Catastropic or abrupt climate change

Earth burning

We tend to think of climate change as something that happens very slowly, over a very long time. We further tend to think that its more serious effects are still decades away. We are learning now that both assumptions are wrong. While scientists are getting a firmer understanding of how the climate works and how sudden and self-sustaining climatic changes can be triggered, it is becoming clear that climate change is in fact not decades away. For many, it is already here.

Temperature anomaly 2009
Average global temperature differences for 2009 compared to the average between 1951 and 1980. Source: NASA.

Climate change is neither gradual nor uniform

It is well known that some years and even decades are cooler, warmer, wetter or drier than others. The weather can behave in fits and starts and in generally unpredictable ways, and two years in a row are never the same. This common knowledge notwithstanding, the snowy winter of 2010 on the east coast of North-America led to a new barrage of mockery of the idea of climate change from cable news and right-wing pundits.

Paradoxically, cold weather can be as much an indicator of global warming as hot weather. Global warming can mean that your city and region becomes warmer or colder, wetter or drier, or perhaps experiences more dramatic differences between summer and winter. What matters is that global warming changes how the climate behaves. For some, global warming can mean cooler temperatures. In reference to the normal human body temperature, global warming seems small: the global average temperature has increased by just under 1°C (1.5 °F) since the beginning of the Industrial Revolution, around 1850. Most of us would not even be able to notice that difference on our skin, yet it is enough to drive distortions of long-established weather patterns. Scientists predict that one of the most noticeable effects of global warming will be more ‘abnormal’ weather, in the form of more severe storms, more heat waves and more torrential downpours. Unfortunately, it can also mean permanent changes for some regions, such as more arid conditions, which could drive changes in agricultural productivity. Global warming is certainly not invalidated because a few American cities were buried in snow one winter. Residents of these cities should instead ask themselves: is the weather getting more temperamental?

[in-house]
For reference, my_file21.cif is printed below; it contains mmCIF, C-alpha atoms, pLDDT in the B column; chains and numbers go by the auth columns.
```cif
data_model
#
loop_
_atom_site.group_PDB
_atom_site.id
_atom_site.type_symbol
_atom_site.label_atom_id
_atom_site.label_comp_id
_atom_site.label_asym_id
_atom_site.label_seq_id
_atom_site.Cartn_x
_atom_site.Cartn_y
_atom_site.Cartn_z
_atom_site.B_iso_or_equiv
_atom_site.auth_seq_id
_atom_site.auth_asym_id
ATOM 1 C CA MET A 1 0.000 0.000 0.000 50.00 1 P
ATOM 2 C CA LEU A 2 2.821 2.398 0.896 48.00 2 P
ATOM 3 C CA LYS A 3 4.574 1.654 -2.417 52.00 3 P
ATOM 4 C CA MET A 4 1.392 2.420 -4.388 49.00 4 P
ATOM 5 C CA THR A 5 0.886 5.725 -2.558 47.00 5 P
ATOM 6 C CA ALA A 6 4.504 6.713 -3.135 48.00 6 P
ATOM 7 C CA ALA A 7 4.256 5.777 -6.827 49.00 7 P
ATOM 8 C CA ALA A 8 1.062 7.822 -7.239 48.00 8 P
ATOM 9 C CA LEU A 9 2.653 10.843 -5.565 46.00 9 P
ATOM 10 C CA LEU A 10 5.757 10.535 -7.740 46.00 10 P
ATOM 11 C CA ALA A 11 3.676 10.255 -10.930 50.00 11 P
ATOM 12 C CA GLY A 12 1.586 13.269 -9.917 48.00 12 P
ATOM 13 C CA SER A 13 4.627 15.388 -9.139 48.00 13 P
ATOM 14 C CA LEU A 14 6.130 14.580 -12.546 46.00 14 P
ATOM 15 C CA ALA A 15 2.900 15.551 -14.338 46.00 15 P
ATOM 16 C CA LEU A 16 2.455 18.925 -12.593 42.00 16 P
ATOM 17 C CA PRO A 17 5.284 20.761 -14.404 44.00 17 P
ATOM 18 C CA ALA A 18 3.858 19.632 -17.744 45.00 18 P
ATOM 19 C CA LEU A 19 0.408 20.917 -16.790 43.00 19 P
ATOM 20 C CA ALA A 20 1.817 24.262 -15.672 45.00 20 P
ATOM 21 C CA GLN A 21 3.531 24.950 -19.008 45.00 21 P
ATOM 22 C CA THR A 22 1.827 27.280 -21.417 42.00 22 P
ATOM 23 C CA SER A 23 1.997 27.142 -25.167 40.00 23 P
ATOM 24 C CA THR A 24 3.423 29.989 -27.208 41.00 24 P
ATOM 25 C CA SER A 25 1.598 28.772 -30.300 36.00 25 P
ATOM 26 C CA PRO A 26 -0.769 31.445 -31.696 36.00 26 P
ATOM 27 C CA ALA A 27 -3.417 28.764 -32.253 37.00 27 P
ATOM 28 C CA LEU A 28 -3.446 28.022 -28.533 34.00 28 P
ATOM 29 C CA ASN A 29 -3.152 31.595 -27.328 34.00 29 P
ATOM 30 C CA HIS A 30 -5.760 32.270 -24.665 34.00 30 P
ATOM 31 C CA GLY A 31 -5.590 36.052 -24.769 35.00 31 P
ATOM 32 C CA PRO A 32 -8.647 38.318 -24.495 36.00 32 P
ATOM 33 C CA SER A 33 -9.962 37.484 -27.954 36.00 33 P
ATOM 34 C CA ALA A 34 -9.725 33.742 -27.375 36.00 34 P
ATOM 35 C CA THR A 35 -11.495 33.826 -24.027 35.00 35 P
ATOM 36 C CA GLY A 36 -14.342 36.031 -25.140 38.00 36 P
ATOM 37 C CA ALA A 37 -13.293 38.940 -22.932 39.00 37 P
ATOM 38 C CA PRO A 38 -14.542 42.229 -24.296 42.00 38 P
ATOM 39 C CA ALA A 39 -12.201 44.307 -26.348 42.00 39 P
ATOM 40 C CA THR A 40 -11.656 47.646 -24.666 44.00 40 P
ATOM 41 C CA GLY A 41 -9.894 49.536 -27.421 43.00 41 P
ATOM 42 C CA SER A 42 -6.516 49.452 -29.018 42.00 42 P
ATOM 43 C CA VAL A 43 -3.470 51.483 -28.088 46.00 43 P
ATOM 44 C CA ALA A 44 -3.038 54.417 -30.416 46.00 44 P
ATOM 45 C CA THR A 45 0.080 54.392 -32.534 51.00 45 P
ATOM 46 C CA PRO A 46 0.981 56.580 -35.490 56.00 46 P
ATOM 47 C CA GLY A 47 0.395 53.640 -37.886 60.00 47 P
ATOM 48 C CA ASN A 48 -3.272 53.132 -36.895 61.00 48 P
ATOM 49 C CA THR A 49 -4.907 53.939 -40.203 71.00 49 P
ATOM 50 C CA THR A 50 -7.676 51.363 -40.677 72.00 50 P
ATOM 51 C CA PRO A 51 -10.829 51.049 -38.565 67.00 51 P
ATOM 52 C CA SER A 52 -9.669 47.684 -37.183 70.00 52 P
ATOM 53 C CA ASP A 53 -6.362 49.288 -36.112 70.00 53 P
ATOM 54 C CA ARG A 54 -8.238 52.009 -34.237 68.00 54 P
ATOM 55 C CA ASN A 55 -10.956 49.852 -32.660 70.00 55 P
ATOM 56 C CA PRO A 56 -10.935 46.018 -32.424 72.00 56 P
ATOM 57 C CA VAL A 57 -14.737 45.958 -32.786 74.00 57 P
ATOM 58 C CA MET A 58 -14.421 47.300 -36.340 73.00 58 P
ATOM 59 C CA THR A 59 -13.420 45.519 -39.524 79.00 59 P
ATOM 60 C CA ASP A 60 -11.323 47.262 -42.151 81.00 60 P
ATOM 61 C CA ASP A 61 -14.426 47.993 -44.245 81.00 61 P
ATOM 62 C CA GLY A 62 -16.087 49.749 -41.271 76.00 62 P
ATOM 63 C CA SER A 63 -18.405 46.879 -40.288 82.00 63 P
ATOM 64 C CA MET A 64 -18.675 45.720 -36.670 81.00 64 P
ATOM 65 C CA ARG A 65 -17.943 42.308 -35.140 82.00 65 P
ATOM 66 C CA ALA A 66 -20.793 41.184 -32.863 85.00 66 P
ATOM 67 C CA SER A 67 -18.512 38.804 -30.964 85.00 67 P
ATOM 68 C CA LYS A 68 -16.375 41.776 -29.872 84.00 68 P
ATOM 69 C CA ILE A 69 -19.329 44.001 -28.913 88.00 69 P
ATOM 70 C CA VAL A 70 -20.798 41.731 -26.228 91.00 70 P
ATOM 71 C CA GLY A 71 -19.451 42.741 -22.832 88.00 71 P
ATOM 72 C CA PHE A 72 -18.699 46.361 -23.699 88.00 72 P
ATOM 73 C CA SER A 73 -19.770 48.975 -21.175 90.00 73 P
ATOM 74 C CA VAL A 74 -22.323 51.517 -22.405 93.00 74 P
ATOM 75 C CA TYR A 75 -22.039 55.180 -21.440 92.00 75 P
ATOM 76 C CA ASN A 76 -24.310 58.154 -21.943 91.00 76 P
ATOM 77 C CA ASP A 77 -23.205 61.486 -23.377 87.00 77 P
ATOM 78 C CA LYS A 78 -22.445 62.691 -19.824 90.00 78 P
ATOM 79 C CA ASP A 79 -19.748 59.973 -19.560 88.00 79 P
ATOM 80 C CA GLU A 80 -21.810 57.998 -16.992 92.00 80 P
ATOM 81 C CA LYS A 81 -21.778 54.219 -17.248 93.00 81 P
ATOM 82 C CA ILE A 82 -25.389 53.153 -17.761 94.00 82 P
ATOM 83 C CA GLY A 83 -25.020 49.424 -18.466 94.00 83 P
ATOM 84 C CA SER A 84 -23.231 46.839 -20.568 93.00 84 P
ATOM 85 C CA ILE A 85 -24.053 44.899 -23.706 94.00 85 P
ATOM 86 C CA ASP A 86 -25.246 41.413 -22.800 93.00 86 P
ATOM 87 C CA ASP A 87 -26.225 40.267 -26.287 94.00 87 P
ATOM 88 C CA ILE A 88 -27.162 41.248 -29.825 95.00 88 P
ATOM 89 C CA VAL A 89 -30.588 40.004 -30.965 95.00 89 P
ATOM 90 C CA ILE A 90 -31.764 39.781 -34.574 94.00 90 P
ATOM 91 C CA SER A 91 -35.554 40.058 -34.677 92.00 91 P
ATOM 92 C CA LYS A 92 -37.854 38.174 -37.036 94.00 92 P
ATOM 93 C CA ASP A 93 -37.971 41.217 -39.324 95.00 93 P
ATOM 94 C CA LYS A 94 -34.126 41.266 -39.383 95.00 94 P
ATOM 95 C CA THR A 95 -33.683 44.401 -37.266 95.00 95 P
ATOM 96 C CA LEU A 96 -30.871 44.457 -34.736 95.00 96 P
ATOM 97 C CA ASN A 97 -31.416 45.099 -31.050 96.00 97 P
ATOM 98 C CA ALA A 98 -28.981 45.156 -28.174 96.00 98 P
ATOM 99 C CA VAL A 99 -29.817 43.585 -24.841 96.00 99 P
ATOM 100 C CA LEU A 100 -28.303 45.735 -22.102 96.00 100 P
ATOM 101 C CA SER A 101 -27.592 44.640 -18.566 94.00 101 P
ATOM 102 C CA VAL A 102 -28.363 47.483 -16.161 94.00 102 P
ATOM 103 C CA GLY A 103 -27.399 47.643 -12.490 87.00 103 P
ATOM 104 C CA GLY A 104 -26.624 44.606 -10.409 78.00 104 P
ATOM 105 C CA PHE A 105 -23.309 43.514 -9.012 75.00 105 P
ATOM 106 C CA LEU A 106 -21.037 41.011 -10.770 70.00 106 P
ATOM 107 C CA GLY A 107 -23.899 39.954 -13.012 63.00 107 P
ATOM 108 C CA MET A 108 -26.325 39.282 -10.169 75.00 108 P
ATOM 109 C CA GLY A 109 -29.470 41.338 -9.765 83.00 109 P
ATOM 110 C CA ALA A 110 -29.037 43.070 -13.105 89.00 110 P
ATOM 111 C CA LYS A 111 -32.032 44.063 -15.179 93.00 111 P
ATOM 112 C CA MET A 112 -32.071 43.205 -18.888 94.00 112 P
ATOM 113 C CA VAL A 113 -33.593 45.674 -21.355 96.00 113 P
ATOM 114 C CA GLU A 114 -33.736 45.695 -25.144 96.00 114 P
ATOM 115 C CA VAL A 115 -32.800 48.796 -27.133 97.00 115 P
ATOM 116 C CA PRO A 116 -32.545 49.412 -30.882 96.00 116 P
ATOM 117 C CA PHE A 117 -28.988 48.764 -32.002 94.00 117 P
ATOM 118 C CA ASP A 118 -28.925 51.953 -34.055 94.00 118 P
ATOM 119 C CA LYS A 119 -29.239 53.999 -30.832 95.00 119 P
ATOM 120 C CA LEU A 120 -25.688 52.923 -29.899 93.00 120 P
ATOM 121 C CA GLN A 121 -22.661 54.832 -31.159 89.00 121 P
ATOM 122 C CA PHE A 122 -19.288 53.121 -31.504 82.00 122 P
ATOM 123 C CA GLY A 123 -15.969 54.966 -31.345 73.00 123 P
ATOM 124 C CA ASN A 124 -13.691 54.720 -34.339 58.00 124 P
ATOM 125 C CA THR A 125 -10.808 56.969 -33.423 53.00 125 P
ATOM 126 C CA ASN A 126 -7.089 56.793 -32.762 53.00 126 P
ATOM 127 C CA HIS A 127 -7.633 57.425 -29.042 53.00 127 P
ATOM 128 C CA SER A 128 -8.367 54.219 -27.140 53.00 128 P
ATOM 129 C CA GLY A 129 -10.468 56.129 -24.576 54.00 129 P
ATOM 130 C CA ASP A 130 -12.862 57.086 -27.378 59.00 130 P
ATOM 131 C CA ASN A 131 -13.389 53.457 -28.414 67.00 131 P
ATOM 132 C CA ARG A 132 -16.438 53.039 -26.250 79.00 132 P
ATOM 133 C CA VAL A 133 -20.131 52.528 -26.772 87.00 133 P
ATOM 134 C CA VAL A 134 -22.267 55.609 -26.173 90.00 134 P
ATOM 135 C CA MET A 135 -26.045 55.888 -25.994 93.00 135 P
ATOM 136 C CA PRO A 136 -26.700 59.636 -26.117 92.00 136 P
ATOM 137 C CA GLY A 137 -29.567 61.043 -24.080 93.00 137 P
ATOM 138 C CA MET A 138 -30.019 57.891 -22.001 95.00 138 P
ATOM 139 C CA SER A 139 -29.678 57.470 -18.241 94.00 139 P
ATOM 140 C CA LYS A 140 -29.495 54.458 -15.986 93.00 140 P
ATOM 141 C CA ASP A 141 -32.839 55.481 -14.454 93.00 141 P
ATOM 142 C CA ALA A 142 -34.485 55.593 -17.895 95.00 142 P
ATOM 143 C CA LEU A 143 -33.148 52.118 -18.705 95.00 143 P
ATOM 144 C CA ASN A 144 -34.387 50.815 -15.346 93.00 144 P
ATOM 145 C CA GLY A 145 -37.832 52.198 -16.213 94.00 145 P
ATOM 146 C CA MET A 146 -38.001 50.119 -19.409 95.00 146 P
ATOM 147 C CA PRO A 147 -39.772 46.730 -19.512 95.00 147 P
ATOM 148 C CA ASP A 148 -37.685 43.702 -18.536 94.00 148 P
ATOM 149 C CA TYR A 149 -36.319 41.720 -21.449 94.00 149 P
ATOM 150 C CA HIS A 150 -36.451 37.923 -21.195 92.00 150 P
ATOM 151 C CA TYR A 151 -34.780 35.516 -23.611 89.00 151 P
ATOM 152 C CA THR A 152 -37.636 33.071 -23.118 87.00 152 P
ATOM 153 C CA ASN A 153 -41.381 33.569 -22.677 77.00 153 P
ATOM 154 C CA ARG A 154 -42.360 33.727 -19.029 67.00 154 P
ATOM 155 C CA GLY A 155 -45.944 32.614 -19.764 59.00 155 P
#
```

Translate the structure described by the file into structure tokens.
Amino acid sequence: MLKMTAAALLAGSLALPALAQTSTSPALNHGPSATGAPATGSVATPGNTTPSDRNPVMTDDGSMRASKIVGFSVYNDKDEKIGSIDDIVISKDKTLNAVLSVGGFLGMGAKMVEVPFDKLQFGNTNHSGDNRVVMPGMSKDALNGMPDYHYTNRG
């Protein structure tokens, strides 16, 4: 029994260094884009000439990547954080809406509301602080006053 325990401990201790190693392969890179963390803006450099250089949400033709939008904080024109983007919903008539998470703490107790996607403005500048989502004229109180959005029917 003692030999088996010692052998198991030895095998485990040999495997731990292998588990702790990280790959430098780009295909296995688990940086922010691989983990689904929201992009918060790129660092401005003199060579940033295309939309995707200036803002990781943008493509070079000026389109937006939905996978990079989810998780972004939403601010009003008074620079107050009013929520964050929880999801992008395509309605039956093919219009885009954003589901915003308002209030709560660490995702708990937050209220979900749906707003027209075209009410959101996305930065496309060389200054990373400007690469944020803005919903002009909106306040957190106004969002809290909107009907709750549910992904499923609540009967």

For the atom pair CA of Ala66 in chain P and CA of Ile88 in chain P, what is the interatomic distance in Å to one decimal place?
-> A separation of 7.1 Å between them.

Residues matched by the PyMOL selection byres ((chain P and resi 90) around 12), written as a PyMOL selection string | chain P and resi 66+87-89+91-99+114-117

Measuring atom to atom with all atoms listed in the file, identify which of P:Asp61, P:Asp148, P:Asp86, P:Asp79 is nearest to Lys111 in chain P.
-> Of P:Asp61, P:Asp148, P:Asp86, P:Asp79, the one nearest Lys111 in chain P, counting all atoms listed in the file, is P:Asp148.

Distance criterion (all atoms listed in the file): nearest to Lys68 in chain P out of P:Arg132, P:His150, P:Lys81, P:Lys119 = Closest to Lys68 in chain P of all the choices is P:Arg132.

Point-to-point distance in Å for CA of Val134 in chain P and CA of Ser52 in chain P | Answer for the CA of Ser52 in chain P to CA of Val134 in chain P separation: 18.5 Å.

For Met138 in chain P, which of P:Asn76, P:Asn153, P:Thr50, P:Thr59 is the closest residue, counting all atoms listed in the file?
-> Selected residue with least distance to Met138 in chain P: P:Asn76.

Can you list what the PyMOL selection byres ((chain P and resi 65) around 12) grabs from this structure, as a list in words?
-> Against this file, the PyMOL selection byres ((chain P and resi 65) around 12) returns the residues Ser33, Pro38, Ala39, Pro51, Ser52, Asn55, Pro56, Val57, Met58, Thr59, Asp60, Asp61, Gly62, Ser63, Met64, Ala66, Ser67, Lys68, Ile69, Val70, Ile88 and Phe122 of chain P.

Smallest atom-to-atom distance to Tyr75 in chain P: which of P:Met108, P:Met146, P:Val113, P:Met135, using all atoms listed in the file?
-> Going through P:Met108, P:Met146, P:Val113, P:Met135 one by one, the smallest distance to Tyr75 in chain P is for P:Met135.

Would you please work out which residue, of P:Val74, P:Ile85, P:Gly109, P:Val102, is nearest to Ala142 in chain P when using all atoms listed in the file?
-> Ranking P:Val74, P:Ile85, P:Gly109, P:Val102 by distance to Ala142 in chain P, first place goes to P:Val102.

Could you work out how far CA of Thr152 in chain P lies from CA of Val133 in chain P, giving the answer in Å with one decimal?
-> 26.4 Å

The Arctic is a hotspot for climate change

Drunken forest in Alaska.
“Drunken forest” in Alaska, a result of melting permafrost. Credit: Lynn D. Rosentrater

There are, however, places on the planet where global warming is having direct, observable effects. Global warming is felt more keenly at the top and bottom of the world, and the ground that was erstwhile frozen beneath the surface layer all year is now thawing in the summer months, so that trees and houses lose their firm foundations. As a result, roads are disappearing into the ground, houses are falling in on themselves and trees are leaning over, as if in a drunken stupor.

Arctic amplification, as the phenomenon of Arctic warming is called, is making mince meat of official climate change forecasts, which say dire effects of global warming should still be years away. For example, according to the latest IPCC assessment report from 2007, we should not expect the Arctic ice cap that covers the North Pole to be gone until some time between 2070 and 2090. No need to worry, in other words, we should still have plenty of time to bring our carbon emissions under control; enough time to make it a soft landing.

Arctic sea ice change
Minimum summer Arctic sea ice extent compared to the average from 1979 to 2000. Source: NASA Goddard.